Archive for August, 2012

Dancing Woods Hole squid skin became an Internet sensation this week in the form of “Insane in the Chromatophores,” a bass-thumping music video by Greg Gage of Backyard Brains, who made it while visiting the MBL to lecture in two summer neuroscience courses.

In its first week online (8/23-30), “Insane” racked up more than 1.3 million hits and reached #1 on YouTube’s “most popular videos” chart, and was picked up by nearly 100 media outlets and blogs, from Time Magazine to MSN to Discovery Magazine.

Using hip-hop music pumped out of his iPod, Gage sent electrical current into the squid’s fin, which caused its nerve cells to fire and the skin’s shimmery red, brown, and yellow pigment organs to muscularly expand and contract in rhythm with the song’s booming bass.

He then recorded the dancing chromatophores using an 8x microscope and posted the video on the Internet, which responded with, “Wow!”

The unexpected hit came about like many an MBL collaboration: serendipitously. Gage, whose Background Brains is devoted to bringing neuroscience to children and the masses, had previously done a similar experiment with an iPod and a cockroach, which he performed for a TED audience. What would happen if he pumped the iPod’s current into squid skin, Gage wondered? While in the MBL’s Marine Resources Center attempting to capture a squid from a tank (not an easy thing to do), MBL squid expert Roger Hanlon happened to walk in the room, saw Gage struggling, and offered to help. The two started talking, and Hanlon introduced Gage to a post-doc in his lab, Paloma Gonzalez-Bellido. She had just the squid-skin prep Gage needed, as she and fellow post-docs Trevor Wardill and Robyn Crook had developed it for a study of squid skin iridescence (published by the Royal Society on August 15).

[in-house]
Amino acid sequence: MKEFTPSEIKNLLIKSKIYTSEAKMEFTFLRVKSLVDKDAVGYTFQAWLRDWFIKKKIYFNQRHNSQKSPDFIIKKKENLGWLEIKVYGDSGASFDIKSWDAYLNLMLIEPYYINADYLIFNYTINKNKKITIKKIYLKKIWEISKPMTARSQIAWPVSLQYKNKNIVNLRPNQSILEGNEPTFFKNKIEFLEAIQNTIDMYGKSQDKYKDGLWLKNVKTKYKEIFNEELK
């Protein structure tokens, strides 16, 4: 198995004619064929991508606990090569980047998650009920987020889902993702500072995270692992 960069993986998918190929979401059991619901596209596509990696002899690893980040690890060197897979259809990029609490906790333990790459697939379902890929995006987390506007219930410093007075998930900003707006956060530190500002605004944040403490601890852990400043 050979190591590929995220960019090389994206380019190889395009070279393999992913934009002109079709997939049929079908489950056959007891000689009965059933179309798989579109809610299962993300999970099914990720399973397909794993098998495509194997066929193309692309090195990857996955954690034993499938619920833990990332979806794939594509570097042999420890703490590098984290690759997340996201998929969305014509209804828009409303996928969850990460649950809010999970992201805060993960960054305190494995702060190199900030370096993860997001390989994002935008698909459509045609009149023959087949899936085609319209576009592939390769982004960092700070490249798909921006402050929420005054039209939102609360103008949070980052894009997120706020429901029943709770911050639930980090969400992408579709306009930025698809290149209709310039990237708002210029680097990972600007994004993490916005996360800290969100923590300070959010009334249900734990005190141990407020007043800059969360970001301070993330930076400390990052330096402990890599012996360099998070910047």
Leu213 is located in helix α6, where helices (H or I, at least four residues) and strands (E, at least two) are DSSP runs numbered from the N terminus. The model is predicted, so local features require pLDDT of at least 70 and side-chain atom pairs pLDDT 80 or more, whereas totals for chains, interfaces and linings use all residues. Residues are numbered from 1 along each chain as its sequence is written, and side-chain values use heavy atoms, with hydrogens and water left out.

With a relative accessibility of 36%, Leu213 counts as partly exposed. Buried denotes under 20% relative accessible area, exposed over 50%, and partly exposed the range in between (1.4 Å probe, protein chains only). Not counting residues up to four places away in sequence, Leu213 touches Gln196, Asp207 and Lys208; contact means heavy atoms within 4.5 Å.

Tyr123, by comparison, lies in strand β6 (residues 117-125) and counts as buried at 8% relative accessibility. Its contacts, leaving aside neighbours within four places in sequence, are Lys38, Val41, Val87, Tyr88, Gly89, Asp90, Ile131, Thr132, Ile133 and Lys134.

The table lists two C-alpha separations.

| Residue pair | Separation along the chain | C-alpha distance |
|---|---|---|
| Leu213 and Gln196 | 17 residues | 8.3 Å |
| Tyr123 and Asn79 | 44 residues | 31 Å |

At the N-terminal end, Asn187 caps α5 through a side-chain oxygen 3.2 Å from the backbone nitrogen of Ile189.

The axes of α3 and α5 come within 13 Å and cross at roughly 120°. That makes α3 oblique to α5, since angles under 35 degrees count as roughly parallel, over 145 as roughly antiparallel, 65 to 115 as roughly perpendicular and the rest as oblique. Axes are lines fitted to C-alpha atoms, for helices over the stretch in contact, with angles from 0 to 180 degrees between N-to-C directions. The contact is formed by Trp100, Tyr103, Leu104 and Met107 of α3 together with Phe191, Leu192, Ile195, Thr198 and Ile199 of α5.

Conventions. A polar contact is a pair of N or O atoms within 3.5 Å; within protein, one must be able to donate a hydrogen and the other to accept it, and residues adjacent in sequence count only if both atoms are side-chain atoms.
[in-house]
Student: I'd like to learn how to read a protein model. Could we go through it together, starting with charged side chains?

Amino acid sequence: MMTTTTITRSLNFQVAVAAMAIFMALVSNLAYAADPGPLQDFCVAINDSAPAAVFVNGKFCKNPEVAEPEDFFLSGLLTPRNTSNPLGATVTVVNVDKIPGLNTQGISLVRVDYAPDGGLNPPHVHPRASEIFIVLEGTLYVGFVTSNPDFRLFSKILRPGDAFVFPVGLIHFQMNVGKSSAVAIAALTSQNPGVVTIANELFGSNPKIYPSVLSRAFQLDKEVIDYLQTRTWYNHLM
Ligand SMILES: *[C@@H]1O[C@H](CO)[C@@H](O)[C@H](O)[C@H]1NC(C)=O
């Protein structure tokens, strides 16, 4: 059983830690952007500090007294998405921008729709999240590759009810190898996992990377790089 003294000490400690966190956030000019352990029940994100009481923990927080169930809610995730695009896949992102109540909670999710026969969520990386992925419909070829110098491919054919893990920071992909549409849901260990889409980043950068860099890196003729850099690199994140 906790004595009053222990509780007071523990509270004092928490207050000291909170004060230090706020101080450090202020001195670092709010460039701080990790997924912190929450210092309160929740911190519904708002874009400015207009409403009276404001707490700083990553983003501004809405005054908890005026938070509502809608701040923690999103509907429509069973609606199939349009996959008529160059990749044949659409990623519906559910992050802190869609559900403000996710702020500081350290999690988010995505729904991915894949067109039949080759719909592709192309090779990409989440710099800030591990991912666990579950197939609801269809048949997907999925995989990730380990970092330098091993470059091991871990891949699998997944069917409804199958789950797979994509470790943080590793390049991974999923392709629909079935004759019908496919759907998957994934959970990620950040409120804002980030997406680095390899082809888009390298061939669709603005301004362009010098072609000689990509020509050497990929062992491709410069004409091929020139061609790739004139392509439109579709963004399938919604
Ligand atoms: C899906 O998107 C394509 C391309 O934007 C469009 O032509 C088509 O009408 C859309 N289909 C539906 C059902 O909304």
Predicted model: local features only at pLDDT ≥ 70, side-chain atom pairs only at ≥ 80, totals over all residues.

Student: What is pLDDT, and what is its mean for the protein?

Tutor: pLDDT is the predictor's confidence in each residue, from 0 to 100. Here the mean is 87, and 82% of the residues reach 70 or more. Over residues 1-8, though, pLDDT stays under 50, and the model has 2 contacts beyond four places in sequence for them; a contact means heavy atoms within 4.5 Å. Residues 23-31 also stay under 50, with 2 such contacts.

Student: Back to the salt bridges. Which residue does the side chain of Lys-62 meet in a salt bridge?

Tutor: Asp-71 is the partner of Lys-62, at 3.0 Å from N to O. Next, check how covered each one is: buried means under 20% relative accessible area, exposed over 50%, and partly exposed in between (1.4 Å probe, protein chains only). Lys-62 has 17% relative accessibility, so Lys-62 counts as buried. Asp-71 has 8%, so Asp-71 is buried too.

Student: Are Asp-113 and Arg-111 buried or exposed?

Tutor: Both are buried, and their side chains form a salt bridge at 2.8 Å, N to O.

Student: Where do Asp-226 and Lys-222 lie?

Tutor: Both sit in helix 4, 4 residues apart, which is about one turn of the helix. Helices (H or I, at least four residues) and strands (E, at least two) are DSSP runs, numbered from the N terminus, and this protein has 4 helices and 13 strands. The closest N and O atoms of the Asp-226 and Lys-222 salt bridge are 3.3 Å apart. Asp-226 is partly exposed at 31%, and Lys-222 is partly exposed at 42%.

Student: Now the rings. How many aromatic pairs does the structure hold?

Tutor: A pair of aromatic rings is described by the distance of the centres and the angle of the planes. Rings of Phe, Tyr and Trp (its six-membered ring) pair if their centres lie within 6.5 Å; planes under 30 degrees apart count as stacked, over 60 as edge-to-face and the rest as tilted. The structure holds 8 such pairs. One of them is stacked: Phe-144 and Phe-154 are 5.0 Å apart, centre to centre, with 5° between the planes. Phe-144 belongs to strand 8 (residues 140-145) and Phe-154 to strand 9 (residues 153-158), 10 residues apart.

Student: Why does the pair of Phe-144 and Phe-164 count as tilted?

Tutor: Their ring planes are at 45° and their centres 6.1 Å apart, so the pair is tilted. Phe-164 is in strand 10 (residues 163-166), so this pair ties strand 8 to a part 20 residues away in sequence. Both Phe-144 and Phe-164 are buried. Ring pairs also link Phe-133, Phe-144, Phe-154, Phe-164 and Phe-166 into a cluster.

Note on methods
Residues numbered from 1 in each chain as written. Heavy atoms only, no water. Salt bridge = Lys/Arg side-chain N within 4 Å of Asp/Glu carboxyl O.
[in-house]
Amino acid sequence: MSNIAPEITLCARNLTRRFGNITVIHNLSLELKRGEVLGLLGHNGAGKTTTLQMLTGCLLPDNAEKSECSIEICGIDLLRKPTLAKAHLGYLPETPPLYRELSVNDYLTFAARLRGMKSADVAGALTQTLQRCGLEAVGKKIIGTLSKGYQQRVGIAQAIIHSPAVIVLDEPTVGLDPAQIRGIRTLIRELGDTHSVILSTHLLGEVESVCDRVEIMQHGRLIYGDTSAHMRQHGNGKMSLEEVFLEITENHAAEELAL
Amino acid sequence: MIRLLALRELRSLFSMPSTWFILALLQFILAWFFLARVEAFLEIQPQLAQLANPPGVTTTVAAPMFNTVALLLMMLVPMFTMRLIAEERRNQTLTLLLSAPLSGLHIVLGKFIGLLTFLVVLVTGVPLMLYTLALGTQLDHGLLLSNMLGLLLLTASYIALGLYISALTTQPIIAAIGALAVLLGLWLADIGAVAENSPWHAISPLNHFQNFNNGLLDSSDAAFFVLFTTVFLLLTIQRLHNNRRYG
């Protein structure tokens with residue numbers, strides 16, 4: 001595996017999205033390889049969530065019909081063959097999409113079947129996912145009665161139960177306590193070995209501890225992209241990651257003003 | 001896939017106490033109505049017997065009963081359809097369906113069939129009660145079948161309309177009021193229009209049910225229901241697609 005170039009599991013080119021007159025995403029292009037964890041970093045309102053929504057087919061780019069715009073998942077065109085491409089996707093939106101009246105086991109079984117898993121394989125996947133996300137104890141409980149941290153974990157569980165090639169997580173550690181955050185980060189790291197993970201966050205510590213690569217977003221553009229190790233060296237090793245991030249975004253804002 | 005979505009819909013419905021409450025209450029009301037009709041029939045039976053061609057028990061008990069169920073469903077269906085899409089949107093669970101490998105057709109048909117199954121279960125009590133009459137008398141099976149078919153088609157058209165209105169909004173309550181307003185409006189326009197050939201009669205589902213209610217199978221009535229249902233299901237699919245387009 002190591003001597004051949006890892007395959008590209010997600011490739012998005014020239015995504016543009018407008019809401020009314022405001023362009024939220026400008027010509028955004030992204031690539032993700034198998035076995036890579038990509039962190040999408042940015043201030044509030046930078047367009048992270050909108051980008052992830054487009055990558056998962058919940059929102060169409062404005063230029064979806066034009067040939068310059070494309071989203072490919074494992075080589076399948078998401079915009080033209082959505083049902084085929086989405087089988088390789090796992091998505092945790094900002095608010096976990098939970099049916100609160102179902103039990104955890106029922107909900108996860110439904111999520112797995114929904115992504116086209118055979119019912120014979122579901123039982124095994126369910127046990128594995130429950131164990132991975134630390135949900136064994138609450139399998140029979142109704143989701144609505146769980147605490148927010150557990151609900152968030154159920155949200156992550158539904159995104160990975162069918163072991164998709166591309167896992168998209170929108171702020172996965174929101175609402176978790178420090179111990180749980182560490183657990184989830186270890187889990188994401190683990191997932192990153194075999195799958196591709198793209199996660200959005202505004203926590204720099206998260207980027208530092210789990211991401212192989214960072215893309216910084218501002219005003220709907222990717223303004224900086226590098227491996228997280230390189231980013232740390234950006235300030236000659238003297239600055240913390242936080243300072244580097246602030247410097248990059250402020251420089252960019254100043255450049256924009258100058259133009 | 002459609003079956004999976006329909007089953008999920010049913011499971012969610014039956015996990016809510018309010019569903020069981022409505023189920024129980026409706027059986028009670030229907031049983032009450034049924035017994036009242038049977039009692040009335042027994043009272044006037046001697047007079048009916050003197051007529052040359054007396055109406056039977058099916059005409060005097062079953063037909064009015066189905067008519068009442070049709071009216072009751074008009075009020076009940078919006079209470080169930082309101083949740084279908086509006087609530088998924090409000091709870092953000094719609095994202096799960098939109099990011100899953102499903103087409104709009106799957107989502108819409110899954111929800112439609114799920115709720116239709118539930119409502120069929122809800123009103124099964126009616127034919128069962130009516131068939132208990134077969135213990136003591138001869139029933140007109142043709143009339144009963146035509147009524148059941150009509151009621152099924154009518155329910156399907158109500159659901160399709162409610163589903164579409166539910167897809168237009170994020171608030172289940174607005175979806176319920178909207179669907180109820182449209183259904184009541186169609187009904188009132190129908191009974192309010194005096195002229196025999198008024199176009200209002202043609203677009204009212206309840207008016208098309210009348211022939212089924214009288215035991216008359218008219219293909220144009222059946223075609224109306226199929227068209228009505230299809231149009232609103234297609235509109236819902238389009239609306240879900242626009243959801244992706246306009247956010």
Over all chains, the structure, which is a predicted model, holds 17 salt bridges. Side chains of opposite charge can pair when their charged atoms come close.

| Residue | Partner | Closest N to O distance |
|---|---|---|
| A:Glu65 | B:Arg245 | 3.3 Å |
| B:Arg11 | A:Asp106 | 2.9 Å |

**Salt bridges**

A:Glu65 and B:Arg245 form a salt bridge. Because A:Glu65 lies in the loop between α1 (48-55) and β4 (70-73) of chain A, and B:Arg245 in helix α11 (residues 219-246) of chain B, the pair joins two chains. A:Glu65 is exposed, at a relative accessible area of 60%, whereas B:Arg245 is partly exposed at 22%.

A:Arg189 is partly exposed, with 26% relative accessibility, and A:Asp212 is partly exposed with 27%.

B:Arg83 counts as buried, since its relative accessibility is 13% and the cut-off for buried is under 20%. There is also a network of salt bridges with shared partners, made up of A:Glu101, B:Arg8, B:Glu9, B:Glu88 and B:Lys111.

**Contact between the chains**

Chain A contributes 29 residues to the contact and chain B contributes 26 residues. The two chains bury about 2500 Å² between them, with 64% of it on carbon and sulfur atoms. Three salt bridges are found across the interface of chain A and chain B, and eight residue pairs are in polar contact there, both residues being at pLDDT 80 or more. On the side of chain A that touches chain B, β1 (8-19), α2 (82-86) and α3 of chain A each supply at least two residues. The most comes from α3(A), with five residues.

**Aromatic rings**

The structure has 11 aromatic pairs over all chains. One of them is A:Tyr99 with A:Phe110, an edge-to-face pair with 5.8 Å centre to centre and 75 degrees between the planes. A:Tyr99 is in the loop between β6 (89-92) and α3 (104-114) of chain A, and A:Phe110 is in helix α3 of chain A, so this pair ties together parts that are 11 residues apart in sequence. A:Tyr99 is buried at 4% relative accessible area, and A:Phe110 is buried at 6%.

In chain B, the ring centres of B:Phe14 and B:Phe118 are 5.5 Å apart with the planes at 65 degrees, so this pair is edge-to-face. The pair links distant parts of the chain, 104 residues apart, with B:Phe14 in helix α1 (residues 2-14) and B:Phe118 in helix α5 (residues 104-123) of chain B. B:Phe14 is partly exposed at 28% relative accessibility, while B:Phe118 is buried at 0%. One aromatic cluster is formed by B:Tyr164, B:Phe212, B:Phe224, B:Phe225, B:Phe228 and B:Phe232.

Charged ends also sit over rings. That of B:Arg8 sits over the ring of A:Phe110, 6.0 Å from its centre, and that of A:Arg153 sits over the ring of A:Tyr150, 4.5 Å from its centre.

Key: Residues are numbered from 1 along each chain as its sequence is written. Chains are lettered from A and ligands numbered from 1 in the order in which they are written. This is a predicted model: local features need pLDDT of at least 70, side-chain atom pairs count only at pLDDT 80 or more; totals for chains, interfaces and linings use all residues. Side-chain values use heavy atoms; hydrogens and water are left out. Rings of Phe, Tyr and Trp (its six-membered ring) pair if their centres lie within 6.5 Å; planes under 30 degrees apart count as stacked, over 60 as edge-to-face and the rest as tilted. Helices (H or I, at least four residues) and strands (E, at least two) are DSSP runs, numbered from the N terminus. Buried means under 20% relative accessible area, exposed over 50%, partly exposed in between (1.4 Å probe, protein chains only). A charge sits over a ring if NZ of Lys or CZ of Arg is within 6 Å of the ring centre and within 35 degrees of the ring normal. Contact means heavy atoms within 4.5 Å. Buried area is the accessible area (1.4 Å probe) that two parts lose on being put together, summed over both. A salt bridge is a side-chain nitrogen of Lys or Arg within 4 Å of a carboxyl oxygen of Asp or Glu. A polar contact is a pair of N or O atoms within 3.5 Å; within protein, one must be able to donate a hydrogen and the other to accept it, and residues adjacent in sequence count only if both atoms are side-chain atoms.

“Insane in the Chromatophores” gave a huge – and colorful — boost to the visibility of this Hanlon lab research. Another spin-off is a new, ongoing collaboration between one of the MBL Methods in Computational Neuroscience class students, Emily Machevicius of MIT, and the Hanlon lab, using similar videos of electrophysiologically stimulated skin preps. “We might consider this the first ‘summer course/resident research lab’ interaction this summer under the aegis of the Program in Sensory Physiology and Behavior,” Hanlon says. “Thanks to Greg Gage for making it happen!” (Gage is an alumnus of the MBL’s Neural Systems and Behavior (2010) and Neuroinfomatics (2005) courses).

(Note on the music video: This song, like many hip-hop songs, contains explicit language. Parental guidance suggested. “Hip-hop was required as classical music lacks the bass,” Gage noted.)

Nerves in red can be easily traced among the distinctive chromatophores and iridophores that they innervate. Credit: Wardill, Gonzalez-Bellido, Crook & Hanlon, Proc Royal Soc B

What microbes really do survive in the superhot, sunless conditions of undersea volcanoes? A publication this week by the MBL’s Julie Huber and colleagues describes one type that can stand the heat: methane producers (methanogens), including some unusual ones that feed symbiotically on the hydrogen waste of neighboring microbes. The study, led by scientists at the University of Massachusetts, Amherst, appears in Proceedings of the National Academy of Sciences. Many more discoveries are bound to come, as Huber and colleagues set sail in September to launch a major, multi-year effort to describe the mysterious world of microbial life in deep-sea volcanic fluids and rocks.

Hydrothermal vent field at Axial Seamount seen through the porthole of the submersible Alvin. Credit: Mark Spear/WHOI